"But I just knew if I trusted the process to go out and compete and get back to a comfortable situation, the results would show themselves, and they have."
That was evident Saturday. The right-hander found an early groove with his fastball and set down his first eight batters, including a run of three consecutive strikeouts. He gave up a ground-ball single to right field to Will Remillard with two outs in the third but got Trey Martin to bounce into an inning-ending forceout.
Lee went off on another tear, retiring nine straight batters until he encountered trouble with two outs in the sixth. He gave up back-to-back singles to Martin and Charcer Burks before striking out Vimael Machin to escape his only jam.
The 26-year-old allowed a two-out double to Zack Short in the eighth but finished off his night by getting Eddy Martinez to fly to right.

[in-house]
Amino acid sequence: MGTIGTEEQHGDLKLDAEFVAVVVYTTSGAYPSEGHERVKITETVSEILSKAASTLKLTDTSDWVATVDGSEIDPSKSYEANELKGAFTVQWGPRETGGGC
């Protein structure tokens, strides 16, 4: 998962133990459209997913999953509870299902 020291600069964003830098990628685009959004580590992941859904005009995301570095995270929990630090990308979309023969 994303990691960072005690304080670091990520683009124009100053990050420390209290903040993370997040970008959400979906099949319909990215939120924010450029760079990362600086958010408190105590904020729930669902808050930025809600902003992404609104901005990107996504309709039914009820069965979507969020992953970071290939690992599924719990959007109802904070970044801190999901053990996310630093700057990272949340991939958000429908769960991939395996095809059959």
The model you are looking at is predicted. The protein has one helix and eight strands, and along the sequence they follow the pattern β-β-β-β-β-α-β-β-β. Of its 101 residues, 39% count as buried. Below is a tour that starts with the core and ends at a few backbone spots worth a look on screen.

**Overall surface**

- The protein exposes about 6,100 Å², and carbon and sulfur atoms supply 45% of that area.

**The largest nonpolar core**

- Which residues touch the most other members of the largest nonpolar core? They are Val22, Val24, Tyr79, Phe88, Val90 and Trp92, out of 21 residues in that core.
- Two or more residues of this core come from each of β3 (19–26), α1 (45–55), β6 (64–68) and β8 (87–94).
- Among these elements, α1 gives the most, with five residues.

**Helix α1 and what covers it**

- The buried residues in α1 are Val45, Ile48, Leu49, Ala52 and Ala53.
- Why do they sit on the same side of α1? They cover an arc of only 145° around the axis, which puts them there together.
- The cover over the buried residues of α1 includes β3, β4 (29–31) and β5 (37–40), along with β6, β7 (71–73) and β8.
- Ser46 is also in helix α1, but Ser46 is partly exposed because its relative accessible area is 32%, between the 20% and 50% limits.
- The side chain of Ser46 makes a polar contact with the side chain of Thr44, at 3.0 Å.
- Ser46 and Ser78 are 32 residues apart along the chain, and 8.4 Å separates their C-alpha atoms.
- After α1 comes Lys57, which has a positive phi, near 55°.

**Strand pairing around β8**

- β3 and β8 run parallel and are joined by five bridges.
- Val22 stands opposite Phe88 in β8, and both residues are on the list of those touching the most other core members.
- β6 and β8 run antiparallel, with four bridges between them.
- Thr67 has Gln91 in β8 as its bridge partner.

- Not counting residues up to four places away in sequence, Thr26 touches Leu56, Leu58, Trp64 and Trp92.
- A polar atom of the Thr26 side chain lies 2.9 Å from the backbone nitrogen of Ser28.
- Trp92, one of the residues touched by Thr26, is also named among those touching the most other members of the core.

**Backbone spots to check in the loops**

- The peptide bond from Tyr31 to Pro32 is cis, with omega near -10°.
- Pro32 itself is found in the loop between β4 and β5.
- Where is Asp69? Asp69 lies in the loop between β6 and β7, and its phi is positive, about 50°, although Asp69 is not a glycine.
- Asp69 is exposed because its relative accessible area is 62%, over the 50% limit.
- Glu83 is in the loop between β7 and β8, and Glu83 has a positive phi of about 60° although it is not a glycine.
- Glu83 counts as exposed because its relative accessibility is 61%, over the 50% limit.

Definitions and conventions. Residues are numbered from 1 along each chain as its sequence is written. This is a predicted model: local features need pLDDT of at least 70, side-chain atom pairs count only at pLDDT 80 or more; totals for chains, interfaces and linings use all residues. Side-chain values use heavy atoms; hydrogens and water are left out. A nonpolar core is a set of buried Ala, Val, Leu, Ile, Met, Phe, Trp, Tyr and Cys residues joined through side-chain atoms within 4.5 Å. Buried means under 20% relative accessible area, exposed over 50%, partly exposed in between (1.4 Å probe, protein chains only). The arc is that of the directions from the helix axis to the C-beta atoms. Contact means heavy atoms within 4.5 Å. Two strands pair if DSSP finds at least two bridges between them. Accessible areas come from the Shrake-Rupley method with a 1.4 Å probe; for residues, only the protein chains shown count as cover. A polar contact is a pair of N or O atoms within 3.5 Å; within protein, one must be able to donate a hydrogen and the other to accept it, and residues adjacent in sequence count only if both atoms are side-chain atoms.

Earlier this season, Lee was promoted to Durham, giving him a chance to work with the man who gave his career a second life. He started for the Bulls on May 26, giving up seven hits and four runs in six innings.
"The Rays made a trade to get a couple guys and needed spots, so they had guys going up and down and it was just the situation where I was the odd man out," he said. "It didn't affect me, though. I was happy for the opportunity and I know too well that there are no guarantees to stay anywhere."
Eight years after he was drafted, Lee believes that he still possesses first round-worthy talent. And he knows what it will take to get where he wants to be.
"In looking at careers of guys in the pros, they have glimpses of success and failure. That's baseball," he said. "But you have to have consistency in your peaks and valleys and make sure they aren't hills and mountains. You've got to be consistent throughout the year."
Lee picked up some early run support on Brett Sullivan's three-run homer in the first before the Biscuits added two runs on Thomas Milone's double in the fourth. Nathaniel Lowe knocked a three-run shot in the seventh to open an 8-0 cushion.
But the Smokies mustered a comeback in the ninth as Trent Giambrone hit a solo homer and Martinez added a three-run shot.
Nathan Brown is a contributor to MiLB.com. Follow him on Twitter @NathanBrownNYC.